A South American plane loaded with an assortment of characters crash lands in a remote jungle area in the middle of a storm. The passengers then discover they are in an area inhabited by ... See full summary »
A South American plane loaded with an assortment of characters crash lands in a remote jungle area in the middle of a storm. The passengers then discover they are in an area inhabited by vicious cannibals and must escape before they are found. Written by
Col Needham <firstname.lastname@example.org>
Why John Farrow decided there had to be a remake of FIVE CAME BACK (which he directed earlier) remains a mystery to me. The script here is pretty much the same thing--standard plane crash with survivors lost in the jungle--and all on a studio set that looks like no more than a studio set. So much for reality.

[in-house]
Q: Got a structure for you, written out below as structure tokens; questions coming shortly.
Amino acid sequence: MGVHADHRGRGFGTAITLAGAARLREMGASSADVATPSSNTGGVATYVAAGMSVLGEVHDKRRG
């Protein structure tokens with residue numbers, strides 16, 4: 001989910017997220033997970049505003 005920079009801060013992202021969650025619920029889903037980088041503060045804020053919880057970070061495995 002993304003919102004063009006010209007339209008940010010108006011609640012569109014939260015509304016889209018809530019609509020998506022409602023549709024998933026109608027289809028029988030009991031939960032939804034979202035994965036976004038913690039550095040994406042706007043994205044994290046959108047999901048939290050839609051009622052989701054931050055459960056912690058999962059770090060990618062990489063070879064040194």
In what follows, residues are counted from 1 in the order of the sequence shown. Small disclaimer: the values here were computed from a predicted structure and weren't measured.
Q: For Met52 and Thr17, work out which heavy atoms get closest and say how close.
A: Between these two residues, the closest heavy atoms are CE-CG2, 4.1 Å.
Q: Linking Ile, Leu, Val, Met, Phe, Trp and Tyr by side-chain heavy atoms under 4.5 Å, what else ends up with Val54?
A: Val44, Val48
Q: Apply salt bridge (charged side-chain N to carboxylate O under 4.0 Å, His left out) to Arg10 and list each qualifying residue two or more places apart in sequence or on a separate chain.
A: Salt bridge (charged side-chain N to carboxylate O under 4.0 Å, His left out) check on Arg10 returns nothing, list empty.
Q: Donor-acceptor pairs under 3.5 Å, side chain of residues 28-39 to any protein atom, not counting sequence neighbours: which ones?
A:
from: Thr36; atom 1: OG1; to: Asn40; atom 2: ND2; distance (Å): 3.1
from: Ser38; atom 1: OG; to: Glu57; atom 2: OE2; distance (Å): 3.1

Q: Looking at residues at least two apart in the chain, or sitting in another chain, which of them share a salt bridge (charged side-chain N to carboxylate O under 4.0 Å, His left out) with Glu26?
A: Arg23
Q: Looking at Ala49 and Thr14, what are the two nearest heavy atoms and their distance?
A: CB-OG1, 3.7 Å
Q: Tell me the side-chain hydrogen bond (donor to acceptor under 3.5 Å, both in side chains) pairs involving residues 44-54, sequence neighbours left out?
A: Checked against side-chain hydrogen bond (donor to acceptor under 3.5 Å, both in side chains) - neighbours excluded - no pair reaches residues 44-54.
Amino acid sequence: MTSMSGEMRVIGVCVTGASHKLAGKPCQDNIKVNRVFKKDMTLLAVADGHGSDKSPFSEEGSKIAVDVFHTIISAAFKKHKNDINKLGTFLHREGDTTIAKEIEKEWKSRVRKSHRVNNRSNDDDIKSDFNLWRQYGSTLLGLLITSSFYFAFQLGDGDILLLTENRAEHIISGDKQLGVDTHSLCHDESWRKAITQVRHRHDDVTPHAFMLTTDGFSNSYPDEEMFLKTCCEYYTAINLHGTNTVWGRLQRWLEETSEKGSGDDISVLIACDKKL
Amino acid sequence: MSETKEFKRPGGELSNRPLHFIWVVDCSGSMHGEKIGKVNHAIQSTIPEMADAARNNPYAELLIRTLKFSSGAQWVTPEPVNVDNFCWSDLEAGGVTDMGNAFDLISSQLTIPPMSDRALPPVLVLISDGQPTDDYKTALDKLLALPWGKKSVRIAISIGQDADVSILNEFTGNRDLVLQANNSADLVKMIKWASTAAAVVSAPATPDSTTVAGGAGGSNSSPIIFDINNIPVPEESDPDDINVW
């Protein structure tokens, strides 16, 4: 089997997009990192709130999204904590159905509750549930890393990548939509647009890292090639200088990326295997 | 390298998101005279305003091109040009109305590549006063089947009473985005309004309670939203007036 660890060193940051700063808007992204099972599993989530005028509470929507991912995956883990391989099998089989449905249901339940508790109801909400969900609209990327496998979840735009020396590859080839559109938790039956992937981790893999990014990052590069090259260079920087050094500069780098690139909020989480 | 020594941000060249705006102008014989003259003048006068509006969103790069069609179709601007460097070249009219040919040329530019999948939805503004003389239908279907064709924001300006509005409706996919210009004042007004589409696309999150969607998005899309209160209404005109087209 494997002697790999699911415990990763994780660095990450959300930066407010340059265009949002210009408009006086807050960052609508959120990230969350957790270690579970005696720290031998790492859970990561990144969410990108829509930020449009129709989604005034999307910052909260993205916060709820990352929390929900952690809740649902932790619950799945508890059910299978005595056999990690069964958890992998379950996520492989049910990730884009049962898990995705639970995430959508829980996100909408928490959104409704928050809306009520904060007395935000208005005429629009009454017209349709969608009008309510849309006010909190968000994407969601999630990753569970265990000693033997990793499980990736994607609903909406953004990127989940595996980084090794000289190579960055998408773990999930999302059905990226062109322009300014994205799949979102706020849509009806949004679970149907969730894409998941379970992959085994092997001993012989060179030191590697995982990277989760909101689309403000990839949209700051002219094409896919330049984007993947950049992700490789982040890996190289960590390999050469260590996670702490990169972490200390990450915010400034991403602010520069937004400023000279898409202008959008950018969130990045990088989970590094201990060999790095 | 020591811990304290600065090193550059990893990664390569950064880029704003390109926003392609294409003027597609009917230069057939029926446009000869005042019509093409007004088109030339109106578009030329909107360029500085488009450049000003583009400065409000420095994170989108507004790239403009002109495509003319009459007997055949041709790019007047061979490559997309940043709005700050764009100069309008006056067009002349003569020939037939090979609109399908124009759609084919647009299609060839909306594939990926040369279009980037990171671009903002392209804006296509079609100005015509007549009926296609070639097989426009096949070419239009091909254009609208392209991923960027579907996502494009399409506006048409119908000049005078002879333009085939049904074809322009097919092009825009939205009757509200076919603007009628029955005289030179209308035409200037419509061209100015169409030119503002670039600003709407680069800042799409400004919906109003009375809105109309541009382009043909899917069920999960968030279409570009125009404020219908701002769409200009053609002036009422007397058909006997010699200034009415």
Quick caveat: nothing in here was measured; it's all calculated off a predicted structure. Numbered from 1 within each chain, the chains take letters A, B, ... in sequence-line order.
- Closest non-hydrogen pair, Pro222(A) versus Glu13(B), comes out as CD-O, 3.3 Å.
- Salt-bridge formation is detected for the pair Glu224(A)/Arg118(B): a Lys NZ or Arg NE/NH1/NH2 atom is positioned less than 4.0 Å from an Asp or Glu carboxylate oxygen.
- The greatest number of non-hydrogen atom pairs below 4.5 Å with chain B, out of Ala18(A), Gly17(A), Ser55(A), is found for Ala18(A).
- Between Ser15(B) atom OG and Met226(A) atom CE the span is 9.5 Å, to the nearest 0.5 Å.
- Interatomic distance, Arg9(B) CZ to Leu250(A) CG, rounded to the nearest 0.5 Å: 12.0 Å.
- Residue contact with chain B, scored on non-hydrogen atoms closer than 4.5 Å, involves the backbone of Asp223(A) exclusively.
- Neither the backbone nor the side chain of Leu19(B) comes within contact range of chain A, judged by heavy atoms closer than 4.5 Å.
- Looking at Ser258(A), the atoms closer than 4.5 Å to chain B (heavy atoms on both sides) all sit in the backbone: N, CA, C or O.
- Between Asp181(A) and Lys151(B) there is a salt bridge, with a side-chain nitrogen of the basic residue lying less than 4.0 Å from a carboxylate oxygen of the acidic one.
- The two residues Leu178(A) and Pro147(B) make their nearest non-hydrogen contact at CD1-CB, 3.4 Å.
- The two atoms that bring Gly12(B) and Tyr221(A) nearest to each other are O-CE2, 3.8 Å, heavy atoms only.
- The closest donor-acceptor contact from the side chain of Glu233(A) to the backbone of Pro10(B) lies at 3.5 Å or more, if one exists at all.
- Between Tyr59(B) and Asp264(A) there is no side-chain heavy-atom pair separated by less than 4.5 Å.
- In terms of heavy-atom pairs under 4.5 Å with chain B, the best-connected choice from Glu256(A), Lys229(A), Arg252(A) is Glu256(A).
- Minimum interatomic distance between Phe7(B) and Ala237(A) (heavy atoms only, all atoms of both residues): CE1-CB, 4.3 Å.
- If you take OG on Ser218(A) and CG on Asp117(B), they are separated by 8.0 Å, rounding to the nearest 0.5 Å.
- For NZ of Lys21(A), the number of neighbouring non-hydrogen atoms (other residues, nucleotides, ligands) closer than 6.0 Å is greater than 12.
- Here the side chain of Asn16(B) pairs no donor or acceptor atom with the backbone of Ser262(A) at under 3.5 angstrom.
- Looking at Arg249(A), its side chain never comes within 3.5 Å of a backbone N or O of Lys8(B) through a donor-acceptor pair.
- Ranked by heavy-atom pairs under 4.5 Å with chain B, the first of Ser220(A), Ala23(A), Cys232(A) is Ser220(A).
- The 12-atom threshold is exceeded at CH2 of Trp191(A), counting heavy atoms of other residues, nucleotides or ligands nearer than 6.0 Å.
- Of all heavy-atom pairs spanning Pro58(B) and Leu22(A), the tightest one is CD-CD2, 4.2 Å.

But the performances he draws from his cast are almost enough to make the film as engrossing as it strives to be. The passengers are a mixed lot--among them a beauteous Anita Ekberg who poses prettily but makes no real effort to act. On the other hand, Robert Ryan and Keith Andes, as co-pilots, Beulah Bondi and Cameron Prud'Homme as an elderly couple, Phyllis Kirk and Gene Barry as a mismatched young couple, and Jon Provost (before his Lassie fame) do excellent jobs considering the fact that their roles are stereotypes. There are also less fortunate roles played by Adele Mara, Jesse White and Fred Clark. Mara's sudden exit from the plane at the height of the storm at least spares her the difficulty of facing the rest of the film as a stranded stewardess.
Top-lined in the cast is Rod Steiger as a criminal facing execution once he is returned to authorities. In an ironic twist of fate, he's the one who eventually chooses who shall leave the jungle crash scene and who shall not.
Interesting, but no real improvement over the original except for a few of the performances. All in all, good B-picture entertainment.
The most convincing moments are the plane's anxious moments during a wild thunderstorm. This is by and far the most visually compelling part of the film in which Farrow's direction (and some good special effects) shows his capabilities.
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